• Understand your legal position as a joint owner. It’s advisable to get legal advice to work out if a joint tenancy or tenancy-in-common is the best structure for your circumstances
• Even if all borrowers can afford it, keep in mind that being able to live together is about more than just paying the bills. Will their late-night parties interfere with your early morning yoga routine?
A co-ownership agreement that covers as many eventualities as possible can protect everyone’s interests and, potentially, save a lot of future heartache. Draft a few household guidelines while you’re at it to cover off things like housework and house guests. And set a few ground rules for regularly airing grievances so they don’t build up and eventually boil over.
Buying a property with friends or family is a big decision and it’s not an arrangement you can get out of in a hurry, but with a bit of forward thinking it could be a great way to start your climb up the property ladder sooner.
Can I get a part-ownership?
If buying with friends is not for you, there are other ways to build your stake in the property market through shared or part-ownership that could be worth considering.
If you’re lucky enough to live in Western Australia, you could take advantage of the Shared Home Ownership Scheme offered by the WA state government.
For as little as a $2000 deposit or 2% of the purchase price, the scheme enables the purchase of a newly built off the plan property using a state government loan. The government retains part ownership of the home but you have the option to buy and sell when you please, and eventually own the property outright.
Outside of WA, initiatives such as BRICKX let you build an investment portfolio of individual bricks and take a share in any capital gain or rental return on the properties of the bricks you purchase.
While it’s technically shared ownership, BRICKX is not going to give you a place to live in, and you don’t get to choose the property. But it could provide the opportunity to build your wealth for a bigger deposit down the track with your share of any capital growth and rental income.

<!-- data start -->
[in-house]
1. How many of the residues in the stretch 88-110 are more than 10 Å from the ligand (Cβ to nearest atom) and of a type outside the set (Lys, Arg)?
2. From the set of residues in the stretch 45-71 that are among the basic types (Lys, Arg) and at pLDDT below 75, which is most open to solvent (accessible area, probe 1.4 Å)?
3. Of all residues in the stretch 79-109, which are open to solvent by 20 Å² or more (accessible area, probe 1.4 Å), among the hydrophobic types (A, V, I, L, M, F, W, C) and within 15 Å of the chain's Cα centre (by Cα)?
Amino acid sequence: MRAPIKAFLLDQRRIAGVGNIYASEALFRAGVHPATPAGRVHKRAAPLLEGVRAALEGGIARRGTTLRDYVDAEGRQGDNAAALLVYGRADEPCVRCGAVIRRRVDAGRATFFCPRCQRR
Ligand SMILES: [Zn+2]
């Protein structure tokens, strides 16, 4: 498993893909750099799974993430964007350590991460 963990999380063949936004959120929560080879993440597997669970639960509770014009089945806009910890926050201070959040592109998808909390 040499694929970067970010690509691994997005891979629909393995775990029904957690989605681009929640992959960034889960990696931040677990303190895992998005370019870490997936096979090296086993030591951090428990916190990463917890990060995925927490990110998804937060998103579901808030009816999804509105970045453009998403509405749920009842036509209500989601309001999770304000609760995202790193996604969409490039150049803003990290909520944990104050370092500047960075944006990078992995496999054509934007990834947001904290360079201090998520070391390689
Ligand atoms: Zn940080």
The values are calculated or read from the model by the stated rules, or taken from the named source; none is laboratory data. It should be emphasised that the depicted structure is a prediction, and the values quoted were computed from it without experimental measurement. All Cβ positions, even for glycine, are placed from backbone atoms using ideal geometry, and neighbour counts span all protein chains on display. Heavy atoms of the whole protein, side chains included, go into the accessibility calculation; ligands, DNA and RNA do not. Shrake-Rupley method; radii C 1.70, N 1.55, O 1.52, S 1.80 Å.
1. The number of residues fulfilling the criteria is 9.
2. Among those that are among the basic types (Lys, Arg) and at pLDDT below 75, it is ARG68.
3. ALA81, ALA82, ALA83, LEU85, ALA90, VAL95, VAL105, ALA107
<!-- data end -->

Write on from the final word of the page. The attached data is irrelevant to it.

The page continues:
As with any investment portfolio there are fees involved, so do your sums to see how much your portfolio would need to generate to make it a worthwhile investment.
What about the bank of Mum and Dad?
If you’re thinking about asking your mum and dad to help you buy a home, you’re not alone. The number of first home buyers getting help from their parents is on the rise, with the proportion of parent-assisted property purchases doubling since the 1970s.
A family pledge loan uses the existing equity in a family member’s home as security, reducing the amount of cash you might need as a deposit. The guaranteed portion can be limited to the value of a 20% deposit which means your guarantor doesn’t have to offer their entire home as security.
Access to this kind of loan is limited to immediate family so it does rely on one of your close relatives owning a house with enough equity to cover it.
A family guarantee could get you into your own place sooner since you’ll be able to access finance with a lower cash deposit. If you’re a first-time buyer you’ll also still be eligible for the First Home Owners Grant.
The flip side, of course, is that you’re putting the home of a family member on the line if you default on loan repayments. But if it’s the size of deposit not the on-going repayments that are the real barrier for you then this could be an option worth considering.
Saving a deposit for your first home can be a challenge when house prices are on the rise, but there are alternative ways of getting onto the property ladder. Talk to your Aussie broker today about finding the right home loan that will work for you.